In my own mind the whole thing looks like a scene from a Christmas card. It’s snowing outside, nighttime, and the weary traveler sees a warm yellow light calling from the humble cottage ahead. I’m inside, stirring soup in a cauldron that hangs over an open hearth with a big wooden spoon. The traveler is needy, he has come upon hard times, and I can offer some respite. He is hungry, and I give him soup. He is cold and tired, and I let him sleep by the fire.
I feel good for doing these things. I am not a woman who barks coldly from the interior of my cozy home that he should go away. I am a person of merit. I care about my fellow man. I will give him comfort from the storm; he will heal himself, and in turn help others. It is the stuff of eternal hope and compassion.
Two weeks later, when he is still sleeping by my fire, and scraping at the bottom of my now empty soup vessel, I don’t feel quite as virtuous. I feel mean and miserable, and I’m sorry I ever let him in. I wish he would get his act together and get on with his life, and stop leaching off me. At this point I wish I WAS a sorry old woman who sent away people in need. Because, you see, if I had never let him in, I would not have to ask him to leave. And just as I felt wonderful for helping him in the first place, I feel miserable for taking the help away. I want to see myself as the promoter of universal compassion and caring, not the promoter of universal coldness and abandonment.
But what about him? What is going on here that makes him need more than just a fleeting helping hand? It could be any number of things; alcoholism, drug abuse, chronic mental illness, sexual addiction, gambling, anything that stops him from being a contributing member of society. Chances are that you also have tried to be a savior to someone in one of these situations.
One of the things that seems to make this type of person so difficult to deal with is that at some point in his life, instead of learning how to manage daily living, he learned how to be charming and attractive so he could manipulate someone else into managing life for him. When it came right down to it, he made the decision that life was too much to face, and instead of mustering the courage to actually live; he developed the skill necessary to get others to take care of him.
What is the best way to be of help to someone in this situation? Dr. Marlene Maheu suggests several ways to distinguish between helping that is really helpful, and helping that is actually harmful to the helper and the helped.
1. Look for balance. If I’m sharing soup, and the traveler is sharing bread, then the exchange is probably equal, and I’m not keeping her from growing. If however, I’m sharing soup, and she’s sharing charm, or a series of hard luck stories, I may be hurting us both by enabling her to avoid the responsibilities of her own life.
2. Get input from others. Sometimes it is essential to get the outside perspective of a trusted friend, clergy member or a community counselor. What is appropriate helping? Is it common for someone to be sleeping at my hearth for so many weeks? Has the friend ever experienced a similar situation? What did they do to resolve it?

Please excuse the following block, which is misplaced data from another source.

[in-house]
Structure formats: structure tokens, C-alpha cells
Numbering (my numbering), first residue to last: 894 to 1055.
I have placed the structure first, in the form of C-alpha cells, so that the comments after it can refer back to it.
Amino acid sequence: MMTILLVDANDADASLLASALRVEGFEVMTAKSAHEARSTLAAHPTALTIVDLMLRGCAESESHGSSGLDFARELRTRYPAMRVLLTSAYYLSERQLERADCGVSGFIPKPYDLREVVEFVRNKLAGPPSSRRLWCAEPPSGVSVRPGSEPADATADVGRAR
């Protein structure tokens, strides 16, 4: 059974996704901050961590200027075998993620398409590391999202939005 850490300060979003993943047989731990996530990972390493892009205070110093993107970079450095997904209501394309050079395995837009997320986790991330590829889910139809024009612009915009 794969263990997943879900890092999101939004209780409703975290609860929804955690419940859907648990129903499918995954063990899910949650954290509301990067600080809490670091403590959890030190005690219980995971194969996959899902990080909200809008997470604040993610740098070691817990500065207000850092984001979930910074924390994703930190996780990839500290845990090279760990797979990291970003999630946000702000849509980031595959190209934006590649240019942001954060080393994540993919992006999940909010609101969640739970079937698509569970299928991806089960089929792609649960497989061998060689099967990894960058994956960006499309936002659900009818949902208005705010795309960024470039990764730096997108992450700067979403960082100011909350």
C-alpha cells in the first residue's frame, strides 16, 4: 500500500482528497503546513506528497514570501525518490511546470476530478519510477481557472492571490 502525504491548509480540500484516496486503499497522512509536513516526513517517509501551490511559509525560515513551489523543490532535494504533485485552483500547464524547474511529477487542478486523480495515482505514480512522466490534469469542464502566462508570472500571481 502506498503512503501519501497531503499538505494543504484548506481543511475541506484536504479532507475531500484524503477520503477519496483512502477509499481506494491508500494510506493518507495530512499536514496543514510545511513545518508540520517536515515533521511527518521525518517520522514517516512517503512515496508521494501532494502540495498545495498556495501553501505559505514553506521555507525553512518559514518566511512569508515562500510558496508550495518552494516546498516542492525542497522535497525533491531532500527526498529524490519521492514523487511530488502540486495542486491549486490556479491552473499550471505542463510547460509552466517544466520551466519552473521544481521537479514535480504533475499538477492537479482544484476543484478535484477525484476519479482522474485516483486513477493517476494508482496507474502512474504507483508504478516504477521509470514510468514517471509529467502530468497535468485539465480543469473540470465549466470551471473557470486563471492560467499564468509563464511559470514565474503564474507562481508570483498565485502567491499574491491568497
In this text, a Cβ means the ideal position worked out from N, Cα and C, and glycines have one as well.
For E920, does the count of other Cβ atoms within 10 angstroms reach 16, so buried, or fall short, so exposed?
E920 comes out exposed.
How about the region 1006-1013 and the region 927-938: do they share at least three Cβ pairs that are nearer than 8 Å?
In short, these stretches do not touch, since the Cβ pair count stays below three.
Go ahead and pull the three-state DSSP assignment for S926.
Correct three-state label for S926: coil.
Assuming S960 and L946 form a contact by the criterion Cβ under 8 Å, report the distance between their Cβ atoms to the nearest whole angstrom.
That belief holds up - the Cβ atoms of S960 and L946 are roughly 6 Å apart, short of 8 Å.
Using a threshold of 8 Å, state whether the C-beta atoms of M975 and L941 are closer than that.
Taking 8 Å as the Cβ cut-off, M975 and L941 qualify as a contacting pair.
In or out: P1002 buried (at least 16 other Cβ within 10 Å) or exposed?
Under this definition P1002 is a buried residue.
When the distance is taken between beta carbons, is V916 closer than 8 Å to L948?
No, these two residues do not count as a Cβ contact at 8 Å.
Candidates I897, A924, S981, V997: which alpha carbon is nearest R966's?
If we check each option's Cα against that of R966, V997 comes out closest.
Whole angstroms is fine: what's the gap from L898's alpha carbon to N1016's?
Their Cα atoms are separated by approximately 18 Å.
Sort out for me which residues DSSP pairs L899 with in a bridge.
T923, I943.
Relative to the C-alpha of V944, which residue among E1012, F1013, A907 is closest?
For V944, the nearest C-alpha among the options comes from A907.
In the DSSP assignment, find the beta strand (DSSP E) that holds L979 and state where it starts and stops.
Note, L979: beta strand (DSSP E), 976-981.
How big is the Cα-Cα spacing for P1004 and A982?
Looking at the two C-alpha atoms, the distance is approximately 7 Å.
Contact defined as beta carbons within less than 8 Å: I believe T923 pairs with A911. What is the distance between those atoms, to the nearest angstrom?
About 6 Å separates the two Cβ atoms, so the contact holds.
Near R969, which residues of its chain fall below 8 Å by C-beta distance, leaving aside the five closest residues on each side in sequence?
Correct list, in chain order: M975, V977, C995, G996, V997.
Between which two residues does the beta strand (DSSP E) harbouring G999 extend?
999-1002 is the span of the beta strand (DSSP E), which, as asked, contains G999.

3. Practice saying “no.” Oh please! If it was easy to say “no” none of us would get in this situation in the first place, and yet, this is the path to freedom.
Let me tell you some of the reasons saying “no” is so hard.
FIRST, like I said earlier, instead of learning how to manage his life, the man on the metaphorical floor has learned how to be alluring and deceptive. Expect to confront every manipulation from anger to “woe is me,” delivered by an expert. It takes a great deal of focus to stay on task and not get maneuvered back into the predicament.
SECONDLY, saying “no” goes against the notion of being a “nice person.” It is important to keep reminding ourselves that “nice people” don’t let the people they care about stop growing. It is disrespectful to allow anyone to take advantage of a situation. It gives her the message that we don’t think she is capable of taking care of herself.
FINALLY, there is the possibility that something will be lost if we say “no.” After all, doesn’t the man eating my soup contribute a potato now and then, and isn’t he at least SOMEONE. Having him on my floor may be better than having the floor empty. The truth is, my greatest hope is that he will change and make a productive life for himself. But even if he does decide to leave, I need to know that I can handle it. My “no” may not promote his growth, but it will certainly promote mine, and the same is true for you. Dr. Wayne Dyer sums it up nicely when he suggests;
“If things are not working out, ask yourself, ‘In what way am I creating this? What have I done to teach this person that this behavior is something I am willing to tolerate?’ And then go to work at changing.”